The week between Selection Sunday and the first NCAA Tournament games is a tornado of takes, ideas, and excitement. Who is in your Final Four? How many bracket contests are you doing? Where the hell is Morehead State? We’re here to help you with all of those dilemmas and the easiest way to do so is with rapid fire thoughts. Enough with the intro, let’s get to the goods!
These are the teams seeded 1-4 that I have concerns about:
Not sure how we got here, but the last three weeks for the Wolverines have been dire. After they had been considered a top two or three team by everyone under the sun, myself included, the Wolverines have faded of late.
Losing to Illinois on your home floor would be no reason for concern. Getting boatraced by Illinois without Ayo Dosunmu playing did raise red flags. Michigan then lost to little brother (Michigan State) just five days later. In the Big Ten Tournament, starting swingman Isaiah Livers discovered a stress injury in his foot and after an MRI, he’s listed as “out indefinitely”. Without him, Michigan looked listless against rival Ohio State in a semifinal loss.
The top seeded Wolverines are in no danger in the round of 64, but the committee did them no favors with their potential second round foes. LSU and St. Bonaventure are both top 30 KenPom teams coming off hot runs in their respective conference tournaments. LSU came one putback bucket away from being crowned SEC champs and the Bonnies ran away with the A-10 title.
Both also have the size to challenge Michigan. Trendon Watford will make Michigan’s star freshman center Hunter Dickinson stretch his defense out to the perimeter. St. Bonaventure’s Osun Osunniyi would make life difficult for Dickinson offensively, where his contributions are especially important with Livers sidelined.
Michigan is going to need to claw its way through a brutal fight on Monday, no matter the opponent.
Going into the Selection Show, Iowa coach Fran McCaffrey would probably have liked to been paired with almost any of the projected 14, 15, or 16 seeds. He has presumed National Player of the Year Luka Garza. How many low-major teams have the size to handle him?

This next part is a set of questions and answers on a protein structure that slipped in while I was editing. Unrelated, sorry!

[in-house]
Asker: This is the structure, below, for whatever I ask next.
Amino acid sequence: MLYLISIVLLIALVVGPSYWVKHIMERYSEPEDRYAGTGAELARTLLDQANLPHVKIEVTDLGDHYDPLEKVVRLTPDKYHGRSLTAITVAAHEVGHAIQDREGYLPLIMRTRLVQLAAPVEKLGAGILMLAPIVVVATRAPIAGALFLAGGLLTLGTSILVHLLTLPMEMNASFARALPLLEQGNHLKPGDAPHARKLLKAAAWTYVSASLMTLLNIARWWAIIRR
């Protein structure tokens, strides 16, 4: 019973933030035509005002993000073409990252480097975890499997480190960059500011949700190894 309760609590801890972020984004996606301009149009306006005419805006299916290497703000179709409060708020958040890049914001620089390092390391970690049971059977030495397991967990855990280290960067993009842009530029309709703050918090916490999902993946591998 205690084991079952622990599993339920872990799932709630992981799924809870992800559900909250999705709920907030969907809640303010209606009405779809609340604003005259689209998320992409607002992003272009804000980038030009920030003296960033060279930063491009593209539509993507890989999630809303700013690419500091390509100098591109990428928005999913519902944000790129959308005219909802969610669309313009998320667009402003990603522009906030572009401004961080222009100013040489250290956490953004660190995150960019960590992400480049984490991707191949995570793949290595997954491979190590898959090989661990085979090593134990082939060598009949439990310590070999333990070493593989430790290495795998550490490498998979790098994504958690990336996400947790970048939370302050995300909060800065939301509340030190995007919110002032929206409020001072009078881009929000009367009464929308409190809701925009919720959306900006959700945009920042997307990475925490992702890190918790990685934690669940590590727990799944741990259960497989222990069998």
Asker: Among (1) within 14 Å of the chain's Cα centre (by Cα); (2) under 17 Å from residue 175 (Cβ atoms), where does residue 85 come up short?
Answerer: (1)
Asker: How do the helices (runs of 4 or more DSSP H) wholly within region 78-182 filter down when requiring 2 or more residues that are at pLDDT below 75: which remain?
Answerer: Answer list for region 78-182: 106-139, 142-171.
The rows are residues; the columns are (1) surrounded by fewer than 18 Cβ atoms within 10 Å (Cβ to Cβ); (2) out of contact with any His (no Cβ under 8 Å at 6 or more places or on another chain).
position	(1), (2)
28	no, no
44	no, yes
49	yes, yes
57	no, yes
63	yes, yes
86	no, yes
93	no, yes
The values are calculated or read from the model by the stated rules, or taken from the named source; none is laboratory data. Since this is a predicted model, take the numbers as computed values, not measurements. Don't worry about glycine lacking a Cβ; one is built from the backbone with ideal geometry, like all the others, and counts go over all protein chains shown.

Well, Grand Canyon does and they drew Iowa in the first round. Luka Garza, say hello to Asbjorn Midtgaard. The Danish 7-footer has the size and pedigree to really bother Garza. You may remember him as a freshman contributor at Wichita State in 2017-18 before he transferred to Grand Canyon. I said I loved him then, so I better stick with him now.
Garza has not fared well against big men that he can’t bully on the block. His best games came against Southern, Western Illinois, and Iowa State, all of whom don’t have the real size to make him win with footwork or touch.
His worst games share a common trait. Garza had 8 points on 11 shots against Michigan State and 6-foot-11 Marcus Bingham. Michigan’s Hunter Dickinson held him to 16 points on 17 shots. North Carolina’s cadre of beefy bigs held him to 16 points on 20 shots. It took Garza 39 shots to score 40 points in two games against Kofi Cockburn and Illinois (and a ton of those points came with Cockburn on the bench).
Garza is at his best when he has the option to bully his way to the basket or beat you with a jump shot or post move. If you remove half of that equation, he struggles (relative to his normal production, he’s still very good). He also struggles defensively. I documented that, in gory detail, earlier this season. Against Grand Canyon, he needs to body up Midtgaard for long stretches with his breaks leading to him chasing Italian stretch four Alessandro Lever on the perimeter.
For Luka Garza to have the kind of tournament performance that is expected of the National Player of the Year, he’ll have an uphill climb from the second he steps on the floor.
This one I don’t even fully believe in myself, but it is a question worth asking. The Cowboys have been excellent of late. Cade Cunningham has settled into college basketball and is one of the five best players in this tournament, without a shred of doubt. His teammates have improved so much this season. The Boone twins are awesome around the rim. Isaac Likekele is a great secondary creator and Avery Anderson has been a revelation as a second scorer. The Cowboys should have been a 3-seed.
And now, the but.
But during Oklahoma State’s transformation into what looks like a Final Four caliber team, the Cowboys have been winning games by the skin of their collective teeth. Since February 2, Oklahoma State is 9-2. Of those nine wins, three went to overtime, one of which included a second overtime. Eight of those wins came by single digits. Five of those wins came by five or fewer points, which doesn’t even count the double overtime win over Texas.
Some of the Cowboys success has been due to good fortune. Four of those nine wins came with Oklahoma State scoring less than 0.99 points per possession, which is atypical of power conference basketball and shouldn’t hold up in the NCAA Tournament.
I want to see Cade Cunningham in the Sweet Sixteen as much as you do, if not more, yet I worry that the magic could run out sooner than that.
Shane McNichol is the founder, editor, and senior writer at PalestraBack.com. He has also contributed to ESPN.com, The Action Network, Rush The Court, Larry Brown Sports, RotoBaller, and USA Today Sports Weekly. Follow him on Twitter @OnTheShaneTrain. You can find every post from this blog on Twitter by following @PalestraBack.
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